Kʼicheʼ people

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Kʼicheʼ (Quiché)
Total population
1,610,013:[1] 11% of Guatemalan population[1]
Regions with significant populations
Kʼicheʼ, Spanish
Catholic, Evangelicalist, Maya religion
Related ethnic groups
Kaqchikel, Tzutujil, Uspantek, Sakapultek

Kʼicheʼ (pronounced [kʼi ˈtʃeʔ]; previous Spanish spelling: Quiché)[2] are indigenous peoples of the Americas and are one of the Maya peoples. The Kʼicheʼ language is a Mesoamerican language in the Mayan language family. The highland Kʼicheʼ states in the pre-Columbian era are associated with the ancient Maya civilization, and reached the peak of their power and influence during the Mayan Postclassic period (c. 950–1539 AD). The meaning of the word Kʼicheʼ is "many trees". The Nahuatl translation, Cuauhtēmallān "Place of the Many Trees (People)", is the origin of the word Guatemala. Quiché Department is also named for them. Rigoberta Menchú, an activist for indigenous rights who won the Nobel Peace Prize in 1992, is perhaps the best-known Kʼicheʼ.


Market day in the Kʼicheʼ town of Chichicastenango

According to the 2011 census, Kʼicheʼ people constituted 11% of the Guatemalan population, accounting for 1,610,013 people out of a total of 14,636,487.[1] The large majority of Kʼicheʼ people live in the highlands of Guatemala, notably in the departments of El Quiché, which is 65.1% Kʼicheʼ and has a total Kʼicheʼ population of 622,163;[1] Totonicapán, which is 95.9% Kʼicheʼ and has a total Kʼicheʼ population of 453,237;[1] Quetzaltenango, which is 25.9% Kʼicheʼ and has a total Kʼicheʼ population of 205,228; and[1] Sololá, which is 35.3% Kʼicheʼ and has a total Kʼicheʼ population of 151,992.[1]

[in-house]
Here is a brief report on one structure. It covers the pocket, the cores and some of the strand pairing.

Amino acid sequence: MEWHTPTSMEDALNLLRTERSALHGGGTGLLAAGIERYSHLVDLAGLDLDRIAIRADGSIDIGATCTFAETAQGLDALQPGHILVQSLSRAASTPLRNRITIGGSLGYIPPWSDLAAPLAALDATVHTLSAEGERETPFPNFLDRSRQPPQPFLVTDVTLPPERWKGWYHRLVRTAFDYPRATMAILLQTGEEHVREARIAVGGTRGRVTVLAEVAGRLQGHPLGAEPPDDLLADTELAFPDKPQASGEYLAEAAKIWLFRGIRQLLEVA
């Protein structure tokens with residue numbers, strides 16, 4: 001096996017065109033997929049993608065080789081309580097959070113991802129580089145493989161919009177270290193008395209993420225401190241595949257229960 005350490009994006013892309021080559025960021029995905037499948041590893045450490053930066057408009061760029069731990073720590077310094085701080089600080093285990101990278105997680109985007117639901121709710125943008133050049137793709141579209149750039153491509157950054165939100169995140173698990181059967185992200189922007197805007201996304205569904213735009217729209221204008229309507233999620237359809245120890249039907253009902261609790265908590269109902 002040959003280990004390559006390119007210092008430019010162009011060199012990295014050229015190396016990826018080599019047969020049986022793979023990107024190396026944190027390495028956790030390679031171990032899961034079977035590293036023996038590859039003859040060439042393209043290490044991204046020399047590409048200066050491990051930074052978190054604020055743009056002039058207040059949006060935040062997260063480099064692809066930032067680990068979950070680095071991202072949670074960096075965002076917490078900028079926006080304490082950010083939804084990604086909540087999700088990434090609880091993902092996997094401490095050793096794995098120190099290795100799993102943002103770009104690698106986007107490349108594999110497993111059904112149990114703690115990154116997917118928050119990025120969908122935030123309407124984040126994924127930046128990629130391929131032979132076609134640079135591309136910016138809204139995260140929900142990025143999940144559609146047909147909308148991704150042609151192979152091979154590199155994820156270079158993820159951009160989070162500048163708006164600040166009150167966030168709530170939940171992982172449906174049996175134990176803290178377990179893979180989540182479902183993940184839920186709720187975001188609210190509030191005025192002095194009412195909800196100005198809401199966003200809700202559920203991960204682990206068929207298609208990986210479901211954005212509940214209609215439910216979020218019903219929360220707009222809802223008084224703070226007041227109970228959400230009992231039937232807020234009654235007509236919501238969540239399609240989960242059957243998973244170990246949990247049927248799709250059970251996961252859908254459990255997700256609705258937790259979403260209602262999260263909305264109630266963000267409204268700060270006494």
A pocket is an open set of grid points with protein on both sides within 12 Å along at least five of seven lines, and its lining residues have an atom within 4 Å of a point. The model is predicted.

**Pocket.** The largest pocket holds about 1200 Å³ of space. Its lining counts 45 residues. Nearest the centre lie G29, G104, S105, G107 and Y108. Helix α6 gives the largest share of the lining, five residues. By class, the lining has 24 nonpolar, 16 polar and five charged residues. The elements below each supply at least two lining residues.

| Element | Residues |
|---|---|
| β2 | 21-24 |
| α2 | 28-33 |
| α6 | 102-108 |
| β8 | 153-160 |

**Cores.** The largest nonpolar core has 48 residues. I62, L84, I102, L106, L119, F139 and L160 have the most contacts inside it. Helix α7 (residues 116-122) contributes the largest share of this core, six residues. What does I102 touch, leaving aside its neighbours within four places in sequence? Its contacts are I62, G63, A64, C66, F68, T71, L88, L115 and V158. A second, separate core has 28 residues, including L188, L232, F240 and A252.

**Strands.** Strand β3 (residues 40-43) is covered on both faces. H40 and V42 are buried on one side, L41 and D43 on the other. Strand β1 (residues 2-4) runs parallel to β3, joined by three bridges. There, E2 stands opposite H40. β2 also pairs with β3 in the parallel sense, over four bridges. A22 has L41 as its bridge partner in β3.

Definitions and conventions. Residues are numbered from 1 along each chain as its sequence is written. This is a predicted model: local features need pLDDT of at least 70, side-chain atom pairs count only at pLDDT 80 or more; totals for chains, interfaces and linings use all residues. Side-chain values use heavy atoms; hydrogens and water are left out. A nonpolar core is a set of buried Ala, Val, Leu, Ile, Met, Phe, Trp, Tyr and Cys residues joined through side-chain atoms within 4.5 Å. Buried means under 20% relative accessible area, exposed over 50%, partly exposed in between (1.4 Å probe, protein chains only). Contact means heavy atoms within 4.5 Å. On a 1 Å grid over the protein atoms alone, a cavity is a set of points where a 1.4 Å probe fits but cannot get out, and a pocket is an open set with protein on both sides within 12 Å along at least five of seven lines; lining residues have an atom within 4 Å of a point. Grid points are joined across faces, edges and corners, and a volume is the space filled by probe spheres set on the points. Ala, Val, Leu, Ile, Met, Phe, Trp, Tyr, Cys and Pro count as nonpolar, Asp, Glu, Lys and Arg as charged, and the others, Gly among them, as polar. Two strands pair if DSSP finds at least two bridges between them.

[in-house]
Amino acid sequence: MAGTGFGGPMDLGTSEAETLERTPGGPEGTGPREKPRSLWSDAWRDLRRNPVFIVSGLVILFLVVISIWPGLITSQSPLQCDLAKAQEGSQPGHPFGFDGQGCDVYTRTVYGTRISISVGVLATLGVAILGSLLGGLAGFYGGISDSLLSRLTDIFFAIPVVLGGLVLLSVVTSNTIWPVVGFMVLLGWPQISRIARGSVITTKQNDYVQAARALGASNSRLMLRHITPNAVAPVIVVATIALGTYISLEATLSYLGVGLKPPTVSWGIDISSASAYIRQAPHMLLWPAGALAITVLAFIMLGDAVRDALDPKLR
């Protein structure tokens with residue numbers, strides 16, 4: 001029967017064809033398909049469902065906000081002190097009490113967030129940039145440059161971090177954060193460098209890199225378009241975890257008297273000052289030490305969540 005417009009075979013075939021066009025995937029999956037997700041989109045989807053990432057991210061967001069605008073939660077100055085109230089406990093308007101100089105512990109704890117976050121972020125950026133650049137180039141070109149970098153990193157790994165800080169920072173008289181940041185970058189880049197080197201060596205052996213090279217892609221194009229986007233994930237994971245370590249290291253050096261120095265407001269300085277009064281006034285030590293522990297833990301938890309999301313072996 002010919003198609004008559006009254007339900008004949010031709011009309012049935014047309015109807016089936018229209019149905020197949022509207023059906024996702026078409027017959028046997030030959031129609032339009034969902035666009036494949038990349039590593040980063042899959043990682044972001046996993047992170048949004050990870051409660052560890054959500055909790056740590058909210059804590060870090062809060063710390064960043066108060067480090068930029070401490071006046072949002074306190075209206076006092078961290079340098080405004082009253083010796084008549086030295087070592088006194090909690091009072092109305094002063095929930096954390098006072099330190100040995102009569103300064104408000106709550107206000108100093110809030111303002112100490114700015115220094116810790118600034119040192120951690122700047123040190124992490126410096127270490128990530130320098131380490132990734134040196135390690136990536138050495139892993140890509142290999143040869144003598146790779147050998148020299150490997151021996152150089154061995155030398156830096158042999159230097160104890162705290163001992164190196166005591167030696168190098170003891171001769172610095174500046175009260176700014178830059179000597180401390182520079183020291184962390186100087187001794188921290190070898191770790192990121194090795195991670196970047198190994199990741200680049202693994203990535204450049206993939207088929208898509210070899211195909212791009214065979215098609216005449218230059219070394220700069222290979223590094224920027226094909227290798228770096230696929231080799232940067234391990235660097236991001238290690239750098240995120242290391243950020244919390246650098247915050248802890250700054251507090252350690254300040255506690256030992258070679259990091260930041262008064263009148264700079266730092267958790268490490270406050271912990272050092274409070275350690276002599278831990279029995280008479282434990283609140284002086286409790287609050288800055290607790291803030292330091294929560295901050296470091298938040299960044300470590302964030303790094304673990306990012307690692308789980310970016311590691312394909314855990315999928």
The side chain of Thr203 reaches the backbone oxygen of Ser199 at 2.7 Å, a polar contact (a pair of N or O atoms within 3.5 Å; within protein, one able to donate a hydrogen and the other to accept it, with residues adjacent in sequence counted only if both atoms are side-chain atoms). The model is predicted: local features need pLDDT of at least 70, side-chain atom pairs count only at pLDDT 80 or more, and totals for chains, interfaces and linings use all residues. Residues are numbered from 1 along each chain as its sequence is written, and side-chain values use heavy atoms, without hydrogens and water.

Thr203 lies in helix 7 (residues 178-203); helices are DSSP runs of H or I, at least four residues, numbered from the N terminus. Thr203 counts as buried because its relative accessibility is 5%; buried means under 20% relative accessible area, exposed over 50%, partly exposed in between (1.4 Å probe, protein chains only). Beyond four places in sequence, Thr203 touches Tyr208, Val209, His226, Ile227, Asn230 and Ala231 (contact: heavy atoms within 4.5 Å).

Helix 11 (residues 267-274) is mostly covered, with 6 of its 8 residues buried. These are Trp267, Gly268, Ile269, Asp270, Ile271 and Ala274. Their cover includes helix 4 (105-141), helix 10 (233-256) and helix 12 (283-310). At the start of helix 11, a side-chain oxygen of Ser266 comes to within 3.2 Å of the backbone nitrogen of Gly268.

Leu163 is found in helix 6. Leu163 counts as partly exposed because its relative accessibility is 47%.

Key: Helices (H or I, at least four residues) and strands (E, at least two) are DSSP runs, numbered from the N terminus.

El Quiché forms the heartland of the Kʼicheʼ people. In pre-Columbian times, the Kʼicheʼ settlements and influence reached beyond the highlands, including the valley of Antigua and coastal areas in Escuintla.

Most Kʼicheʼ speak their native language and have at least a working knowledge of Spanish, with the exception of some remote and isolated rural communities. Maya languages closely related to Kʼicheʼ are Uspantek, Sakapultek, Kaqchikel and Tzutujil.


The history of the Kʼicheʼ people can be divided into two main historical periods, pre-conquest and post-conquest. Conquest occurred in 1524 with the arrival of the conquistador Pedro de Alvarado.[3]

Location of the Kʼiche population in Guatemala


In pre-Conquest times, the Kʼicheʼ Kingdom of Qʼumarkaj was one of the most powerful states in the region. Kʼiche' was an independent state that existed after the decline of the Maya Civilization with the Classic collapse (c.300 – c.950 AD).[4] Kʼicheʼ lay in a highland mountain valley of Guatemala, and during this time they were also found in parts of El Salvador. The major city of the Kʼicheʼ in the western highlands of Guatemala was Qʼumarkaj. It was the political, ceremonial and social center of the Kʼicheʼ people. Though many of the Spanish conquistadors records do not depict it as a great and powerful place, it was very much so to the native Kʼicheʼ who lived there. The city covered an estimated area of 3.25 km2 across the Resguardo plateau. There is also evidence for a large degree of cultural exchange between the Kʼicheʼ and the people of Central Mexico, and Nahuatl has influenced the Kʼicheʼ language greatly.[5]